She encouraged Charles to get involved in the arts

Perhaps because she cared so deeply for King Charles III, Queen Elizabeth, the Queen Mother was a very supportive figure in the eyes of the future king. Indeed, some sources indicate that the elder Elizabeth did everything in her power to nurture Charles' development. As Gareth Russell wrote (via People), Charles received a lot of encouragement from his grandmother: "Apparently, [Elizabeth] always said, 'Well done' to people. I think she would say, 'Well done' to King Charles, because she absolutely adored him, and she believed in things being done in a certain traditional way."

This was especially evident in Elizabeth's approach toward Charles' artistic interests. Speaking on the "Royally Obsessed" podcast (via Express), co-host, Roberta Fiorito, explained that the Queen Mother allowed Charles to explore that side of his personality when his parents were away: "It seems like he felt that the queen and Prince Philip were a little bit absent from his childhood, but he did have someone who really indulged his artistic side in the queen mother."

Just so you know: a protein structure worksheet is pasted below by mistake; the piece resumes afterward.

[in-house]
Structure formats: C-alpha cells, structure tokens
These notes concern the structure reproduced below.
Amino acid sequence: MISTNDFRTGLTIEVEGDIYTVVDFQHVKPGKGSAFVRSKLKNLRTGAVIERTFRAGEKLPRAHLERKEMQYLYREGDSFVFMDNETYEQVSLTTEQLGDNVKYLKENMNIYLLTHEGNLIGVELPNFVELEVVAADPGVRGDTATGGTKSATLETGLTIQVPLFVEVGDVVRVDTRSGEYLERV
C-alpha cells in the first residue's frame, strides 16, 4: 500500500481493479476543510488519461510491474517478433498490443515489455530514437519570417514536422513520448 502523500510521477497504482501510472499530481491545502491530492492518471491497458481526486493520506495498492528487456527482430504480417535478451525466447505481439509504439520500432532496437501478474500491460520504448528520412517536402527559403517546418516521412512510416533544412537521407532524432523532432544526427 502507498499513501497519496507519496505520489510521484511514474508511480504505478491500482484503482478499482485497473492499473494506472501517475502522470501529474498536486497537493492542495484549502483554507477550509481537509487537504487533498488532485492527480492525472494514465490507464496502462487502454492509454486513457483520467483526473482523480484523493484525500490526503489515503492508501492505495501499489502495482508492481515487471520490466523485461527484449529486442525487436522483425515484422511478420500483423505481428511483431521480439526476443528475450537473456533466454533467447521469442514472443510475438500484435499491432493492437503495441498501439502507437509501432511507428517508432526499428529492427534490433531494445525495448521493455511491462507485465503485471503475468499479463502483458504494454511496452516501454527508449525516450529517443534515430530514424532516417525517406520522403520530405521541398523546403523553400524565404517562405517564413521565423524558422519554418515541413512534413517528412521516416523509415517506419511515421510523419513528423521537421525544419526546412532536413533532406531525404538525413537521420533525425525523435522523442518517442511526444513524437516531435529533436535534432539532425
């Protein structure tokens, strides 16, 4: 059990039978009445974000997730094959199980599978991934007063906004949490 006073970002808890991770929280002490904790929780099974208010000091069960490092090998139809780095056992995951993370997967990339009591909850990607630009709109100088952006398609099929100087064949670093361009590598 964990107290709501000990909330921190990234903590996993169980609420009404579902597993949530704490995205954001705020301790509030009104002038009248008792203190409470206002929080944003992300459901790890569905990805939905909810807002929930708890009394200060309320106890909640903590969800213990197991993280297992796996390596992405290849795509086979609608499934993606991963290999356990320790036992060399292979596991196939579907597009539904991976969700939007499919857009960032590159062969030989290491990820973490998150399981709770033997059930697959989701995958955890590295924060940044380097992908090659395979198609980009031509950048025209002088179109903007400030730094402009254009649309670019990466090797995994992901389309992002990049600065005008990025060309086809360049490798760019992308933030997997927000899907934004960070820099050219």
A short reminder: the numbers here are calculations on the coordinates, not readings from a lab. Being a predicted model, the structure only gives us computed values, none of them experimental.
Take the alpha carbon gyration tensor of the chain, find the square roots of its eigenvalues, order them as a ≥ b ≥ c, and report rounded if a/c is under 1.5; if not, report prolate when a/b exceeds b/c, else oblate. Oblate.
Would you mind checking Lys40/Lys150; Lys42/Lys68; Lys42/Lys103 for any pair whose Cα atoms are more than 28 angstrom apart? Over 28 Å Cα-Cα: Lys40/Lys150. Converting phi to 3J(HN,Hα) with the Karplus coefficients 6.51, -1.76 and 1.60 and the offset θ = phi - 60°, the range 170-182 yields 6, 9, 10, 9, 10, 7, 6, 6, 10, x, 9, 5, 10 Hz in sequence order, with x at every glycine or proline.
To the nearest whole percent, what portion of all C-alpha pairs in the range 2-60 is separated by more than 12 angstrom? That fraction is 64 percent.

According to Fiorito, Elizabeth allowed her grandson to fall in love with art: "She was really supportive of all that and we know now how that played out. He recites Shakespeare on the fly and loves painting and watercolors. Yeah, so I think that came from her."

The Queen Mother also might have had some power over Charles

Queen Elizabeth, the Queen Mother was not royal by birth. In fact, it was only because she married the future, King George VI, that Elizabeth was crowned queen consort in 1937. Later, following the 1953 coronation of her daughter, Queen Elizabeth II, the elder Elizabeth became known as the Queen Mother. As a result, she did not have much power in an official capacity. But that didn't stop her from using her infamous charm to influence the powerful people in her family.

During George's time as king of England, Elizabeth played a major role in shaping his opinions. Private letters published in William Shawcross' book, "Queen Elizabeth: The Official Biography of The Queen Mother" (via Express), reveal that Elizabeth had so much influence over her husband that she could flip his stance on issues in a matter of hours. One letter, written by the historian, Kenneth Rose, recalled, "The king would have a discussion with his private secretary, Sir Alan Lascelles, and instruct him to do one thing, only for the king to come back the next morning and change his mind. The strong inference was that the queen mother had persuaded him to change his mind."

Interestingly, it has been said that the Queen Mother once hoped to have a similar arrangement with King Charles III. According to the 2017 documentary, "The Royal House of Windsor" (via Express), Elizabeth wished to influence Charles just as she had George. 

The Queen Mother and Princess Anne shared a similar vision about royal newcomers